You're a lodger if you:
rent a room in your landlord's home
share other rooms such as the bathroom or kitchen with your landlord
Rental agreements for lodgers
Ask for a written contract so it's clear what you've agreed.
Your agreement could be:
fixed term, for example, 6 or 12 months
a rolling contract with no set end date
The contract should set out the rights and responsibilities of both you and your landlord.
Your landlord must do a right to rent immigration check before you move in.
If you're asked to leave
Lodgers can be evicted without a court order if your agreement or notice period has ended.
With a rolling contract you should get 'reasonable notice'. This should be at least 7 days but could be more depending on your situation.
If you have a fixed term agreement, you can stay until the end date unless the contract says your landlord can end it early.
You can only be evicted peaceably
For example, by changing the locks while you're out.
It's a criminal offence for a landlord to:
harass you in your home
use or threaten violence to evict you
If you want to leave
If you have a written agreement, it should say:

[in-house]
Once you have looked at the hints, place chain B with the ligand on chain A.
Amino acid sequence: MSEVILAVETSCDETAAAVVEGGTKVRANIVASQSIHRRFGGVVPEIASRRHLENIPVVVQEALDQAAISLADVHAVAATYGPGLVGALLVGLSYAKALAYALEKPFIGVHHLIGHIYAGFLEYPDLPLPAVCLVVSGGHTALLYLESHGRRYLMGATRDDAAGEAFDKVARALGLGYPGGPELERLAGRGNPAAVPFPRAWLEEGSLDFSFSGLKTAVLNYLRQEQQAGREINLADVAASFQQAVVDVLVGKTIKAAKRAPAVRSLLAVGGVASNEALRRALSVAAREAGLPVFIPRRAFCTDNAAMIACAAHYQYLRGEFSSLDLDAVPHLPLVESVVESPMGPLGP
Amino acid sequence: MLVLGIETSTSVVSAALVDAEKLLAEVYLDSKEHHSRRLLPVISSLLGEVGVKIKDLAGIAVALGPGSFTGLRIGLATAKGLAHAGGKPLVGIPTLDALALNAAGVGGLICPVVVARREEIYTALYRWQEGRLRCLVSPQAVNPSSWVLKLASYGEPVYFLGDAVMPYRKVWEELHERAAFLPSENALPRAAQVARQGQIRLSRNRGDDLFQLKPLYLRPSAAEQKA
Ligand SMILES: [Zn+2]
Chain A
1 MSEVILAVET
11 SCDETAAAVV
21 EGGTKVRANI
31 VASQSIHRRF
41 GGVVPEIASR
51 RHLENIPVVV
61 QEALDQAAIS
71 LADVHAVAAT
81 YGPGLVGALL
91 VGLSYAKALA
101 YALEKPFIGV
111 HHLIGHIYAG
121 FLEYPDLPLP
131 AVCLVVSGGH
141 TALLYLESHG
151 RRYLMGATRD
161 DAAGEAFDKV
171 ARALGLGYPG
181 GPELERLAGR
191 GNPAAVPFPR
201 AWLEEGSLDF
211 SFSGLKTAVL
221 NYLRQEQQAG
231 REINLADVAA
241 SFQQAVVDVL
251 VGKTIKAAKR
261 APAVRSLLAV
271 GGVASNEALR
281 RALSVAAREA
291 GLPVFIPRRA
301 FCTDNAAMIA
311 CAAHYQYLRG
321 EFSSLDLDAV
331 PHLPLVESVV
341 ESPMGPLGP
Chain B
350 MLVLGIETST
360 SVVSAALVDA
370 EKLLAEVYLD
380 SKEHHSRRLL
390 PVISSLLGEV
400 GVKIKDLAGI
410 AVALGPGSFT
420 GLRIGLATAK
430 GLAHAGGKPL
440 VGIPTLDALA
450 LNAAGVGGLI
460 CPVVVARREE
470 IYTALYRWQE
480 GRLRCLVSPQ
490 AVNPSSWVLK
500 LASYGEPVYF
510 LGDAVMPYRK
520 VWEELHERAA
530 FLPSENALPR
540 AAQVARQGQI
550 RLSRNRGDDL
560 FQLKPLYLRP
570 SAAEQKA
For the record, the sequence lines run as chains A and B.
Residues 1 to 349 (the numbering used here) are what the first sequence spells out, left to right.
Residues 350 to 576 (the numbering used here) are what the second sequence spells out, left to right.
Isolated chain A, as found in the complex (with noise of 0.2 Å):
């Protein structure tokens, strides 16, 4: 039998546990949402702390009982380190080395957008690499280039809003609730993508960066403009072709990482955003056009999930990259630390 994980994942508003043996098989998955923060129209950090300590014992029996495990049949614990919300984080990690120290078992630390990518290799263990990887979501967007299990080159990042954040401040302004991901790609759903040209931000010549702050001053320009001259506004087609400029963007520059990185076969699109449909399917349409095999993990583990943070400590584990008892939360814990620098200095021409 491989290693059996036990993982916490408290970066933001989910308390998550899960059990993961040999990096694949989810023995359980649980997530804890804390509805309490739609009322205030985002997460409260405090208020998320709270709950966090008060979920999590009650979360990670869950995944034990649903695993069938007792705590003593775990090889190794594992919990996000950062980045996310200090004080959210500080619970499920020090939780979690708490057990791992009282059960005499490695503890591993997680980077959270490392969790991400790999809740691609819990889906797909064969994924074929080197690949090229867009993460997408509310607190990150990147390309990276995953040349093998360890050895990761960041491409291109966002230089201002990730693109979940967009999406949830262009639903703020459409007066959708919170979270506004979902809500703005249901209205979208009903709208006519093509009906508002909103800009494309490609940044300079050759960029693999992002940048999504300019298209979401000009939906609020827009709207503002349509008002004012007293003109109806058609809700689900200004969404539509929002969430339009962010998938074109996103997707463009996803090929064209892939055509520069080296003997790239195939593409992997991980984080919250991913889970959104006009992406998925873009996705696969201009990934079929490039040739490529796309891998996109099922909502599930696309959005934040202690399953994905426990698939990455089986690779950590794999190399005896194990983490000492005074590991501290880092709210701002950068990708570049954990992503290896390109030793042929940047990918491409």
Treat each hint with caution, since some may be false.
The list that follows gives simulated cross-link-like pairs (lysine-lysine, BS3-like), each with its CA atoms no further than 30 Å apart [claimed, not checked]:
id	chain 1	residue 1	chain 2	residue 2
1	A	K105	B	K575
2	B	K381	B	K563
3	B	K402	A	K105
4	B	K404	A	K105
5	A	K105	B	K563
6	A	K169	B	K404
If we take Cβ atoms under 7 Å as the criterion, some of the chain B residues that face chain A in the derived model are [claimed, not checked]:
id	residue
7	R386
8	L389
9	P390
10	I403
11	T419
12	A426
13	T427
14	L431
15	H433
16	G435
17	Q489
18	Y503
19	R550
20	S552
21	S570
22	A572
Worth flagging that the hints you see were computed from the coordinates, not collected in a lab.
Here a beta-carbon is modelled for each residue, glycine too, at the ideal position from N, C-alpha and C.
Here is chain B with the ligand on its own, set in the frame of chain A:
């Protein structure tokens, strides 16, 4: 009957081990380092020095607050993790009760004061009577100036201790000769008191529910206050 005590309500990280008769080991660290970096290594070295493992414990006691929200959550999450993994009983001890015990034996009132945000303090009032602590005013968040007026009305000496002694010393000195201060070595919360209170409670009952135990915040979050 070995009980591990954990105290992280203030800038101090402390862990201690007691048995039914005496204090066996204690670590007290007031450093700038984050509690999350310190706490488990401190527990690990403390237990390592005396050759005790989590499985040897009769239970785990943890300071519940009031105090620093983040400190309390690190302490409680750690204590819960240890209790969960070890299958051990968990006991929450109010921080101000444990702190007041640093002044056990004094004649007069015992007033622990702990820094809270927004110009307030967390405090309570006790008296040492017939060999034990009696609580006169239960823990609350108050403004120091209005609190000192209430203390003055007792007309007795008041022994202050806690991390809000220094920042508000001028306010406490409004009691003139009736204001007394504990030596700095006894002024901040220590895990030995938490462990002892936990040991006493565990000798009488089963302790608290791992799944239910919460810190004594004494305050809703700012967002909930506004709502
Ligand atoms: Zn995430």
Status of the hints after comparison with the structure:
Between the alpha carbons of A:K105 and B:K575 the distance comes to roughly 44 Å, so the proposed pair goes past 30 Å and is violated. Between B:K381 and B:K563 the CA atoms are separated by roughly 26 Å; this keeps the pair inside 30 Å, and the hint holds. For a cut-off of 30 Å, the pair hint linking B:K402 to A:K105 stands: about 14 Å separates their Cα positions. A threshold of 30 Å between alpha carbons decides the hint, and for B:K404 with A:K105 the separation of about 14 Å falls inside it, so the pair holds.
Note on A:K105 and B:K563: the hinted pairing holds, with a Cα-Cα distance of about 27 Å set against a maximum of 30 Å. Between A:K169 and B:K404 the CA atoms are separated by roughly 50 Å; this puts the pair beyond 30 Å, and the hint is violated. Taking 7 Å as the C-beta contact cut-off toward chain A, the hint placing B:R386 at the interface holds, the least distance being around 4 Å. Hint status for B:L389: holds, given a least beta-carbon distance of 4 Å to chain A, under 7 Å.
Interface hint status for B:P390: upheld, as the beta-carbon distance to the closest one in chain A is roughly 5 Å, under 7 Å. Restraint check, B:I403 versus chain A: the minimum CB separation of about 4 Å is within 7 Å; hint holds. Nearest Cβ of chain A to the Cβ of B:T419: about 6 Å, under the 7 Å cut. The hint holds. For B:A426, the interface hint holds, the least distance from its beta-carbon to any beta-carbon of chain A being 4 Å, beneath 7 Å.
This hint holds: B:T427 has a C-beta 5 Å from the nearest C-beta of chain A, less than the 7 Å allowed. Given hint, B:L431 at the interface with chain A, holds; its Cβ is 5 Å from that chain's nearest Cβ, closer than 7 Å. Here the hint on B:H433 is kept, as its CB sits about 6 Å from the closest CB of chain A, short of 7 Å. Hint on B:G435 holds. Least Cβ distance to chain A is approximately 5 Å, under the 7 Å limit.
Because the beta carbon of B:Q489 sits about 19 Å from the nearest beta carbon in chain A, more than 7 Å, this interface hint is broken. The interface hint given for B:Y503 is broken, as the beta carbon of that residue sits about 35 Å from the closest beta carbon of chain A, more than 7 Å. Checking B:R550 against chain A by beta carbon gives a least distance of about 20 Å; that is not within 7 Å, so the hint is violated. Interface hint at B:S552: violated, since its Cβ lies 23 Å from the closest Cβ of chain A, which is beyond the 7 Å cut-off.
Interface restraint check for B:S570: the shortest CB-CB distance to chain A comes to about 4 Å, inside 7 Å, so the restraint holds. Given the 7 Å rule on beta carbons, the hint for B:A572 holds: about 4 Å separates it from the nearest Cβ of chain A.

how much notice you must give
if notice needs to be in writing
If you have a fixed term agreement, you cannot give notice unless there's a break clause in the agreement.
But many resident landlords will be flexible if you want to leave early.
If you do not have a written agreement
You can leave after giving your landlord 'reasonable notice'. This should be at least 7 days but could be more depending on your situation.
The notice does not have to be in writing. It may be useful to send a text or email to confirm.
Your money should be returned to you when you leave unless your landlord has a reason for deductions.
Ask for an inventory listing the contents and condition of your room and any rooms you share with your landlord. This can help avoid disagreements later.
Your landlord does not have to protect your deposit. If they do not return it when you move out, you could get your deposit back through court.
Rent and rent increases
You agree the rent with your landlord when you move in.
If you have a fixed term agreement, your rent cannot be increased unless either:
you agree to the increase
your agreement says how and when it can be increased
If you have a rolling agreement, your landlord can increase your rent at any time.
Your landlord might ask you to leave if you do not agree to an increase.
Repairs and safety
Your landlord should fix most problems in your home.
A written agreement may set out what your landlord must repair.
Any gas appliances must be checked each year by a Gas Safe engineer.
If you rent from someone who is a tenant themselves, the head landlord must arrange the gas safety checks. For example, a council or housing association.
Last updated: 20 September 2022